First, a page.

Driving your website with solid metrics and measurement

Back in the day I used to own a 1977 Monte Carlo. It was “light buckskin” and had been my Mom’s car, a pretty hot ride in its day. In fact it’s what I originally drove west with all my worldly possessions in tow, when I moved to Vancouver in 1987. An 8-cylinder gas-guzzler with swivel bucket seats, it went like the clappers, and was fueled as much on a hope and a prayer, as it was petroleum.

The gas gauge didn’t work.

The speedometer didn’t work.

It had a rust hole under the driver’s side mat that you could see daylight through.

Always completely refilling the tank, and then carefully keeping track of mileage on a notepad in the glove box easily resolved the gas gauge challenge. But it was a low-tech solution that was at times tricky given a teenager propensity to want to toss $10 into the tank rather then fill it up entirely. And the broken speedometer was simply resolved by using a best guess. If in doubt, you were likely breaking the limit, but few seemed to care on the back roads of rural Ontario at the time.

Driving without a gas gauge and speedometer as a teenager was carefree fun. But as an adult I would now view it as risky. So why is it that many businesses drive their website without analytics?

Not having a gauge of metrics on your website is careless, and at best a huge missed opportunity. If you’re not yet set up for analytics, here’s a quick tutorial.While I’ll freely admit there is a ton of stuff you can monitor beyond what I’ve outlined here, the following five areas are a great place to start.

1. Growth

– Are page views growing over time? Check daily, weekly, monthly and yearly traffic counts.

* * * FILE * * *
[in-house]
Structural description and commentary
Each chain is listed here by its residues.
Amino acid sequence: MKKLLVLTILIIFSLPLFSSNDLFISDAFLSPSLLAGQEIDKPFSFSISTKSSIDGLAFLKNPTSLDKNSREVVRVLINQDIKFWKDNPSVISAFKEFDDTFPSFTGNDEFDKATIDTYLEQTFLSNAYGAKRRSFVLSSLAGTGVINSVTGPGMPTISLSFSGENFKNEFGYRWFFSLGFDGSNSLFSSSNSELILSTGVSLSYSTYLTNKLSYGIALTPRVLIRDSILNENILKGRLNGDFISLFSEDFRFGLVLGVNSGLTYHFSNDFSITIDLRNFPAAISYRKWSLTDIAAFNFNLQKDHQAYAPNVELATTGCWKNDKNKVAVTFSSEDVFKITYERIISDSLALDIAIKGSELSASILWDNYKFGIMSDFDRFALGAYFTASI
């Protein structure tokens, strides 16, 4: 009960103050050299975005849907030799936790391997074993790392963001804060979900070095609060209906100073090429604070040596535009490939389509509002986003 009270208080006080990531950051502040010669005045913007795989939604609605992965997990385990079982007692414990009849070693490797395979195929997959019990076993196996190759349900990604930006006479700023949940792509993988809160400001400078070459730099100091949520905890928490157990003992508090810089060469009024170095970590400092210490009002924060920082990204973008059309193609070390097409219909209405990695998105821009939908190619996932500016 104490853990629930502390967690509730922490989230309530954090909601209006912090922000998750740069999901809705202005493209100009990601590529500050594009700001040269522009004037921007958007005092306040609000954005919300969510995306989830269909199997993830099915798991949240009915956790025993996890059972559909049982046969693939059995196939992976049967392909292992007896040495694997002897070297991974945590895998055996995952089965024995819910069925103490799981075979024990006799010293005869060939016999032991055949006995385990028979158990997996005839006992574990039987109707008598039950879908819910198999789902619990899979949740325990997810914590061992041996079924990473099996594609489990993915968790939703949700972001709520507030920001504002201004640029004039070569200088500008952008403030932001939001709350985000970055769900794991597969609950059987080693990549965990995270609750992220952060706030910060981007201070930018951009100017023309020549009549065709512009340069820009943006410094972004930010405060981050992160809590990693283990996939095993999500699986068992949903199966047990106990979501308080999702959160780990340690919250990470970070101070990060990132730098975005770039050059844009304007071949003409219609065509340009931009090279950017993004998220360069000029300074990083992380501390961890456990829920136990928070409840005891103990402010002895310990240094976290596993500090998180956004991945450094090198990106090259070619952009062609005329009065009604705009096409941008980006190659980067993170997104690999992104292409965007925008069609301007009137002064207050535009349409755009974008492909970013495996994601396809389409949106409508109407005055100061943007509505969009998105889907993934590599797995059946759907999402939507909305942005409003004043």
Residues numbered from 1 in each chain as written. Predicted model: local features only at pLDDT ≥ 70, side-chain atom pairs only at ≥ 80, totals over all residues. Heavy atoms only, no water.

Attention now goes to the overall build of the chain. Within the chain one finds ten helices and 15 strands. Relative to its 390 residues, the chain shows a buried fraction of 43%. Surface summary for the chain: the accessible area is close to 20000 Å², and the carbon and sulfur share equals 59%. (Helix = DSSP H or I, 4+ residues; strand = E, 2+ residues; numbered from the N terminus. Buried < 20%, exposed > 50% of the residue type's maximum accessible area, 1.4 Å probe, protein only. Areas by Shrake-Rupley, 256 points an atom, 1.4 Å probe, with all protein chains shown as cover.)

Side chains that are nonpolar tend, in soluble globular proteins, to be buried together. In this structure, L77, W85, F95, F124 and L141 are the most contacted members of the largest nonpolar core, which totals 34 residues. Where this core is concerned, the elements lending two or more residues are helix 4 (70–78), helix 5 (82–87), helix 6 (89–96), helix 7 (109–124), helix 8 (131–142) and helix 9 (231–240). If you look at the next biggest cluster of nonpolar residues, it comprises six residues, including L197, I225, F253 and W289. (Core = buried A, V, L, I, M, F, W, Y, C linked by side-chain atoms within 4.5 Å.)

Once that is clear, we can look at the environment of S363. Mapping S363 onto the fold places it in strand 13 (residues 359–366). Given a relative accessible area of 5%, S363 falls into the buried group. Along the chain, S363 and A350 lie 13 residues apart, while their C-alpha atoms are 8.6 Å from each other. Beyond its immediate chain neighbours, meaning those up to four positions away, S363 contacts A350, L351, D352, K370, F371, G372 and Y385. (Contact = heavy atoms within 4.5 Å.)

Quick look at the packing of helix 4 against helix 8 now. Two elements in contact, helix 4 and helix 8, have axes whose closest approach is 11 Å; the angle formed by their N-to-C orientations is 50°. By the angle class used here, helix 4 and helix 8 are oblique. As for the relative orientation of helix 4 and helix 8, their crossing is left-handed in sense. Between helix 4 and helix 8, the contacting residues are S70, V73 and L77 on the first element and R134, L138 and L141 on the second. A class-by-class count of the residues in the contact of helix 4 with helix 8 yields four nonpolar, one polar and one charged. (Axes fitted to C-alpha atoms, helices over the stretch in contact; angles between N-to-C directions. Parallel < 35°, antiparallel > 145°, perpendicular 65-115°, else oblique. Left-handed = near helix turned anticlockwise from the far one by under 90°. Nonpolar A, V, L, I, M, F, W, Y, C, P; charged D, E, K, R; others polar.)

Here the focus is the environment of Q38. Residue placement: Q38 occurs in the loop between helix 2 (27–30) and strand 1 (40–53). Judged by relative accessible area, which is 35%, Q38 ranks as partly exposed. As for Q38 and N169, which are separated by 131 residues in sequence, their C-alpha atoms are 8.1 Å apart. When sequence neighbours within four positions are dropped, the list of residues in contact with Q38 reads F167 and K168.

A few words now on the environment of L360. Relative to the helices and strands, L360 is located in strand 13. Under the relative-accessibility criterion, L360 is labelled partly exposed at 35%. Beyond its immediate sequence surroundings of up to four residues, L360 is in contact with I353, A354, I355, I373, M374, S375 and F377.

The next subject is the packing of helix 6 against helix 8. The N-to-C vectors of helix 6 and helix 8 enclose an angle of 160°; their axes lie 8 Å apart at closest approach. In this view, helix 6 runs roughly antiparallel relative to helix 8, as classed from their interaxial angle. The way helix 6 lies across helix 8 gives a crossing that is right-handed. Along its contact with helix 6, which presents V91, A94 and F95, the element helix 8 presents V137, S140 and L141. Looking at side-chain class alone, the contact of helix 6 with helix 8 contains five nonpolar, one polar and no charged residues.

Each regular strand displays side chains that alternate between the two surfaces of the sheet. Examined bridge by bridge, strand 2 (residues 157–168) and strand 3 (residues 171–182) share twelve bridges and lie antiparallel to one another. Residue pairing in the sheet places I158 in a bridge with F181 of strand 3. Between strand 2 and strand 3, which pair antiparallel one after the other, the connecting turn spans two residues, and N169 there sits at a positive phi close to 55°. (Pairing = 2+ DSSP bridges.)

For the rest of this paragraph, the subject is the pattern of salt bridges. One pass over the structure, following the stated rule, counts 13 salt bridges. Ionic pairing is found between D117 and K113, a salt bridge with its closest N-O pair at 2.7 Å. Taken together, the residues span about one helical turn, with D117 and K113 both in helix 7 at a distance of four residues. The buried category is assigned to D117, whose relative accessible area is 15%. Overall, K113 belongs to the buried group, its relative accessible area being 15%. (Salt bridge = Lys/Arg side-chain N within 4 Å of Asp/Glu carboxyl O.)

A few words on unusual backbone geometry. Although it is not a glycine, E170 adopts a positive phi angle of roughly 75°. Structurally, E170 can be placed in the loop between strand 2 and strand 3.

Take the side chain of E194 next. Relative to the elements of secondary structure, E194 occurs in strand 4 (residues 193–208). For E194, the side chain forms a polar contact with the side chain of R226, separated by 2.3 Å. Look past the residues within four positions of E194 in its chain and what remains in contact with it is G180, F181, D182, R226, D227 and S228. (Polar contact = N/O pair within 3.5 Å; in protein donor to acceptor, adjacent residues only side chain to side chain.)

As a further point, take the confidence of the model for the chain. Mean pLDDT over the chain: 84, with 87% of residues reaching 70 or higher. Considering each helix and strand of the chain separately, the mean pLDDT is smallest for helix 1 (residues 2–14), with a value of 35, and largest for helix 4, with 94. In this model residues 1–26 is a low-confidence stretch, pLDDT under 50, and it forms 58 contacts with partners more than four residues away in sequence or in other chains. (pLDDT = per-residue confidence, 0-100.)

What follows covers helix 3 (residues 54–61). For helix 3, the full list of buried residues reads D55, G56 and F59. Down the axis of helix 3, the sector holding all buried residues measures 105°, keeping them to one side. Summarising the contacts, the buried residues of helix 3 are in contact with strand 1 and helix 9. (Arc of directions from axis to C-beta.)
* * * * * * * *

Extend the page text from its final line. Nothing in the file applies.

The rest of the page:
– Monitor new versus returning traffic under behaviour.

– Monitor audience demographic, geographic and behavioural data. It’s good to know where your readers reside and what they are like.

2. Relevancy

– Check behaviour overview, for pages and views to see what content is resonating the most with readers.

– Tools like tell what content is doing best on a blog and also what topics are trending or have high interest and shares.

3. Engagement

– What content are they engaging or not engaging with? Check audience behaviour, and then engagement for session duration counts.

4. Traffic generation

– Check channel, then social and look at sessions for each social media channel leading to your site. Is your share of voice increasing? Set Google alerts to monitor your name, brand, competitors, events, or topic area. An alternative you might also want to check out is Both are free tools and you will be emailed a notification of any new mentions online of your search term. Alerts can be easily updated and removed.

5. Results of Traffic

– Set goals for your site within analytics. (eg: Measure driving traffic from social media channel to sign up for an enewsletter on your site) Once you have a goal, it will allow you to compare what channels are driving success for the goal because there will be a measurable conversion. Goals can be set for leads, subscribers and e-commerce customers. This should help you decide which channels to put more effort into.

While flying down the 6th Concession in a Monte Carlo, dust in the wind, and not a monitoring gauge in sight, brings back great care free memories, it’s not a good practice for business. Basic analytics will help you strategically focus efforts that will drive growth. You shouldn’t be driving a website without them!


Mary Charleson


    • Thanks Amanda. Isn’t it funny how our old cars and their various quirks can bring back such great memories? It was a fun parallel to use in the post. Thanks for reading and sharing!

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